My husband and I are attempting to buy a new house. We’re actually planning to sell our old dream house for a new dream house – bigger, fancier, with more stuff. Potential buyers are walking through my wonderful house at this very minute, looking at my life, judging my housekeeping, making comments about what they like and what they don’t; what should be changed and what shouldn’t. I feel like I’ve opened my private life up to the world – vulnerable. I’ve made my home an object of criticism.
My house has been a wonderful house for us – we’ve raised five kids there in the last thirteen years (with two still to finish raising, and all the grandkids). It’s a great kid house, with a big yard, and a big circle drive that acts as a raceway for a multitude of bicycles, skateboards, and scooters. My kids don’t want to leave – they say that house contains their childhood memories. They love their house. They don’t even want to put new carpet in for fear it will change their world.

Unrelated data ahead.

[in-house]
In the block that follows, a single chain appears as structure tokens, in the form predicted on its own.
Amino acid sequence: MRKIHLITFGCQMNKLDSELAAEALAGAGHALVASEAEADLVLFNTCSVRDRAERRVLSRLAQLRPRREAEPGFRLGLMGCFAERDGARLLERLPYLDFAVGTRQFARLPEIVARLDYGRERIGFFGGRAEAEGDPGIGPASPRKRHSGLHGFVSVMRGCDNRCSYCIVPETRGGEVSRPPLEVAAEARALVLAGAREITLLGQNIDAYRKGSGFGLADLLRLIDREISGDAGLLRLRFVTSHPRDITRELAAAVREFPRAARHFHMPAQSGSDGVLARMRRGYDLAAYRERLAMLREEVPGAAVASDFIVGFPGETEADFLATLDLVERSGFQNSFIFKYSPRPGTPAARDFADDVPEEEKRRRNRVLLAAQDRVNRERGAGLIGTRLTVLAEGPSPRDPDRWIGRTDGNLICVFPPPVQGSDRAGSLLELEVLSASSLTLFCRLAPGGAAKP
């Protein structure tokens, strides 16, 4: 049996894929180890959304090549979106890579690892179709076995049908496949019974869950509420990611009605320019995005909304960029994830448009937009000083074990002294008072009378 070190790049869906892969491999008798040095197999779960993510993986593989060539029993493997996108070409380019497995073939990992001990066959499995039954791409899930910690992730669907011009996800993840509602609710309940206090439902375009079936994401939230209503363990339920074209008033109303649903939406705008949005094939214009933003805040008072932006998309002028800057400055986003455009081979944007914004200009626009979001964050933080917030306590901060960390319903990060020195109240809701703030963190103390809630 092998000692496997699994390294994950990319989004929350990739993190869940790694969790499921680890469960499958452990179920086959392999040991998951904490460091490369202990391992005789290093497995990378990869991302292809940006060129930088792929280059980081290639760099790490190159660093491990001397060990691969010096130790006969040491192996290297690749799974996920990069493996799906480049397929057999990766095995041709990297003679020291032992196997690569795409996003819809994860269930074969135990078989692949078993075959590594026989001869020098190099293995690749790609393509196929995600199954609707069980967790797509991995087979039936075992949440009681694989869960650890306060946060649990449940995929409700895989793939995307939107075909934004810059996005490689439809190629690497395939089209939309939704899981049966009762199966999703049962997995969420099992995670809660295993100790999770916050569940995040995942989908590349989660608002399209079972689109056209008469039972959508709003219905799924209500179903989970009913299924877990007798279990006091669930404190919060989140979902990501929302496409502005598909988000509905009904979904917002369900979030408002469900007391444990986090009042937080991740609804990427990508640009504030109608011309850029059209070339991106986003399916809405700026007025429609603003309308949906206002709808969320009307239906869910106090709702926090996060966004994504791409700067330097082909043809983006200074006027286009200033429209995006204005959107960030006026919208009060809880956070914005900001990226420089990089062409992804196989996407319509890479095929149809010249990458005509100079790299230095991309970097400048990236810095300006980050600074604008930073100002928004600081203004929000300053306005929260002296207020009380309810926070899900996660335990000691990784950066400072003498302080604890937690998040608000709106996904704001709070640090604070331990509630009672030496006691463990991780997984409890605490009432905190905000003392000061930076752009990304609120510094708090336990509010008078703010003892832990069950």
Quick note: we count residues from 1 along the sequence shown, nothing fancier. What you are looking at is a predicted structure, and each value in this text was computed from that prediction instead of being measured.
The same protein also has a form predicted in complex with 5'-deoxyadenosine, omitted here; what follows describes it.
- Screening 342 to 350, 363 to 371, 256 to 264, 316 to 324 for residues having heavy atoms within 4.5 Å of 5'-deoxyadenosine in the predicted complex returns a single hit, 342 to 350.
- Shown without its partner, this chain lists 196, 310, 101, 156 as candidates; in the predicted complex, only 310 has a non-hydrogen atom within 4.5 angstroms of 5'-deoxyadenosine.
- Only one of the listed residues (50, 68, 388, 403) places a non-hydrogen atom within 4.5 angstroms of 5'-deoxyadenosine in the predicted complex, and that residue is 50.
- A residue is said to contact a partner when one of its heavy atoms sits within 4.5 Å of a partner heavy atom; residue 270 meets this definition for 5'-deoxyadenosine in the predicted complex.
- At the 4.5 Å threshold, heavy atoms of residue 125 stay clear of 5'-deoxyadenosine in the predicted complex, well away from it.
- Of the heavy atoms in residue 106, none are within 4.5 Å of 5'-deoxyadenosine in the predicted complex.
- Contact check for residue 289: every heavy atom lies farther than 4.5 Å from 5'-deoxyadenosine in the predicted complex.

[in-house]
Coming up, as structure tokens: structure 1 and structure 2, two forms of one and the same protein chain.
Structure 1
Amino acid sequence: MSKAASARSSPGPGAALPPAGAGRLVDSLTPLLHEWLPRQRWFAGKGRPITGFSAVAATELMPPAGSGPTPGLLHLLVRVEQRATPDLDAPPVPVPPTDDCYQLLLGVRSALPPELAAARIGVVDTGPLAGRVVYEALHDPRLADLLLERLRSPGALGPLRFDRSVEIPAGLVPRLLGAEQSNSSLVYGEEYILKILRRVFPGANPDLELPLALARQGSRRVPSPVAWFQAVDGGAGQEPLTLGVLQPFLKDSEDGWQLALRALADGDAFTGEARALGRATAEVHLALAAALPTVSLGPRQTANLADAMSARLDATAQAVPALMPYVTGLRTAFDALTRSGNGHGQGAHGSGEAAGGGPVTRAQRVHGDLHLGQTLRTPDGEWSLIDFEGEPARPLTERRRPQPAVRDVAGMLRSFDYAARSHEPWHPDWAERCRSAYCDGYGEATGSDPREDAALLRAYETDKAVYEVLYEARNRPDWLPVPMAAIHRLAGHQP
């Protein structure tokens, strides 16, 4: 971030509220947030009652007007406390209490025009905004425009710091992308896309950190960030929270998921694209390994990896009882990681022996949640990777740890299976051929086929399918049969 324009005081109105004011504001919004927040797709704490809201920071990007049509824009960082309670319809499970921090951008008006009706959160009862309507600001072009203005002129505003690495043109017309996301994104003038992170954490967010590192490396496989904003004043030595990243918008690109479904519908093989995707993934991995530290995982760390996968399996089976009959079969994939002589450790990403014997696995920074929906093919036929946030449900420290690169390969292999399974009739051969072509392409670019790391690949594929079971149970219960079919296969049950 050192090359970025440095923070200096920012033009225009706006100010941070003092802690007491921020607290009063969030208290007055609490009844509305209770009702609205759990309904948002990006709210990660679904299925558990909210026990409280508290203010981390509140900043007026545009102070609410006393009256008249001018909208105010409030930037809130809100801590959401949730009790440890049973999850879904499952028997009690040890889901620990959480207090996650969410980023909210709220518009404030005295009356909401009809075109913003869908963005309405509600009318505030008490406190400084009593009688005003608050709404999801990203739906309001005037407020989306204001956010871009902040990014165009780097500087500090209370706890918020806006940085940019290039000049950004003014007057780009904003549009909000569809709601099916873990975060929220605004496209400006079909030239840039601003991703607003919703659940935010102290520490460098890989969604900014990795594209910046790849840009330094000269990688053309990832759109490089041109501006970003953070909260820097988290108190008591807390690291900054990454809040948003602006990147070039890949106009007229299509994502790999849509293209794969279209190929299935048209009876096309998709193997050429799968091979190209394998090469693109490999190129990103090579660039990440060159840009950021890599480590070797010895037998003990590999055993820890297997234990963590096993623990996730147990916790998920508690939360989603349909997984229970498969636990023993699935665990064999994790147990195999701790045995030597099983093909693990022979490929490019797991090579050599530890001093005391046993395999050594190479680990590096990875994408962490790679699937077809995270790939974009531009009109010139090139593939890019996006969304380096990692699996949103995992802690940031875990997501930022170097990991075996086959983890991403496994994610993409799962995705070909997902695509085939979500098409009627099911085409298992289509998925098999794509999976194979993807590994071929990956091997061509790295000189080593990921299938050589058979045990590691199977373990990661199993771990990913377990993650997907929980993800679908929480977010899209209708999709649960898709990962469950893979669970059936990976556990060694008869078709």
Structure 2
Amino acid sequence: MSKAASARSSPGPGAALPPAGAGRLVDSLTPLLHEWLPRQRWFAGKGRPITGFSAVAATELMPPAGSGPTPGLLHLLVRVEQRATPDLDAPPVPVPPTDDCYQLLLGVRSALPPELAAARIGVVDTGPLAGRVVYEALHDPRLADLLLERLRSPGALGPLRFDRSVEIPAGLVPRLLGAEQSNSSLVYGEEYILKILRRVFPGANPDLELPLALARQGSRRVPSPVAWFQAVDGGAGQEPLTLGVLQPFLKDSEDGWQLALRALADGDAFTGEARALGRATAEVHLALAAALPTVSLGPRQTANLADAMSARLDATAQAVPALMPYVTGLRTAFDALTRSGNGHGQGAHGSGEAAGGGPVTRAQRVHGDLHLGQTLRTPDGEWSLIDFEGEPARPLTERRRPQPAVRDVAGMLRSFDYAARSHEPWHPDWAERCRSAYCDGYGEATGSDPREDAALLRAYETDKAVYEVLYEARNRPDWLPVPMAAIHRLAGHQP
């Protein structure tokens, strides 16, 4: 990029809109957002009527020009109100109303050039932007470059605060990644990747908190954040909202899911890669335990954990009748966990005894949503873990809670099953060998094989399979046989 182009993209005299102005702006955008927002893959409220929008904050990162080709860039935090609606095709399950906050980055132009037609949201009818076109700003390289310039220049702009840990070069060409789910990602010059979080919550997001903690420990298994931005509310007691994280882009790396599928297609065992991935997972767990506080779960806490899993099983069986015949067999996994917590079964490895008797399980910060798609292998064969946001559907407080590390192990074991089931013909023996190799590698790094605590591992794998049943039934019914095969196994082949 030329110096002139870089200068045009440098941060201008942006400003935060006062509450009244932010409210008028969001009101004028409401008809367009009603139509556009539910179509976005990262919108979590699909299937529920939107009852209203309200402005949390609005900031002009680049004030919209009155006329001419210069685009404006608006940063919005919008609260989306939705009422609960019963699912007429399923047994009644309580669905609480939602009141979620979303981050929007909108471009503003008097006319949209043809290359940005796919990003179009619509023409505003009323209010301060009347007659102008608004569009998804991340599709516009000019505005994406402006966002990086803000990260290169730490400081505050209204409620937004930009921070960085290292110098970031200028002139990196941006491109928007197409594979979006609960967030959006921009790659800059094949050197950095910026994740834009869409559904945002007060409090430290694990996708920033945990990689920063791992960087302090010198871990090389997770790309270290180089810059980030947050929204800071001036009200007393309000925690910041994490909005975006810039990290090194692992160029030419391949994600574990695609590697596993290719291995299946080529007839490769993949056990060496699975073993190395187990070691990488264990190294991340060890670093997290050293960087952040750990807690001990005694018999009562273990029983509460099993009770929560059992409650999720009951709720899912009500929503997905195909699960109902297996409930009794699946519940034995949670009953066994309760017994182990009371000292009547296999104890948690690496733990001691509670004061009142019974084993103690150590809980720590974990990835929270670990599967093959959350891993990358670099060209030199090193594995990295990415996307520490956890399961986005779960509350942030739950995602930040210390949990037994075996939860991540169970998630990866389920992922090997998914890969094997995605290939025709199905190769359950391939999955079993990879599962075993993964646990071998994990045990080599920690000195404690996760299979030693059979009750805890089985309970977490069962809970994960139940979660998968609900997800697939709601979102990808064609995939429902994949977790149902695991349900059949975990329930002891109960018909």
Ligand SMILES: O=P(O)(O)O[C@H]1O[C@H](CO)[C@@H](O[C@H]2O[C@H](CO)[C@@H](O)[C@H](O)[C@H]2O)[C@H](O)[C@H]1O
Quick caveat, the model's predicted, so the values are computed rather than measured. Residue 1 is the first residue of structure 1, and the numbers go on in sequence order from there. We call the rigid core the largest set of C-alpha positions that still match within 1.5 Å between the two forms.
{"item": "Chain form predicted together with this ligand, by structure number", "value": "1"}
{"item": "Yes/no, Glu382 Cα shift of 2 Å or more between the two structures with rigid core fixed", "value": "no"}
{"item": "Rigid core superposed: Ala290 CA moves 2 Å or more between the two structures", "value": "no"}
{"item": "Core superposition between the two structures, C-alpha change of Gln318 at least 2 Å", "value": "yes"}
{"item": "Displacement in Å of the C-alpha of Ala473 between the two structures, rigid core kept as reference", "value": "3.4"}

Of course, that’s what my older kids said when we moved there from our first house. But they soon learned to love it – to leave the old in their memory banks, and make room for the new. As I look into her tear-filled eyes, I tell my daughter that all things change – nothing can ever stay the same. Even if we didn’t move , we’d still remodel, and it would look different. She, and all the kids, will always have their special memories. The memories aren’t attached to the house – they’re embedded in their brains forever.
So why do I feel like I’m trading a fat, old, ugly relative in for a younger, thinner, prettier one? Why do I feel like I’m betraying an important part of the family? I never expected to feel this way. But I do. Even in my dreams.
Hopefully, the next family who lives here will appreciate our house as much as we do. It is, was, and always will be the greatest.
And hopefully our next house will be just as great.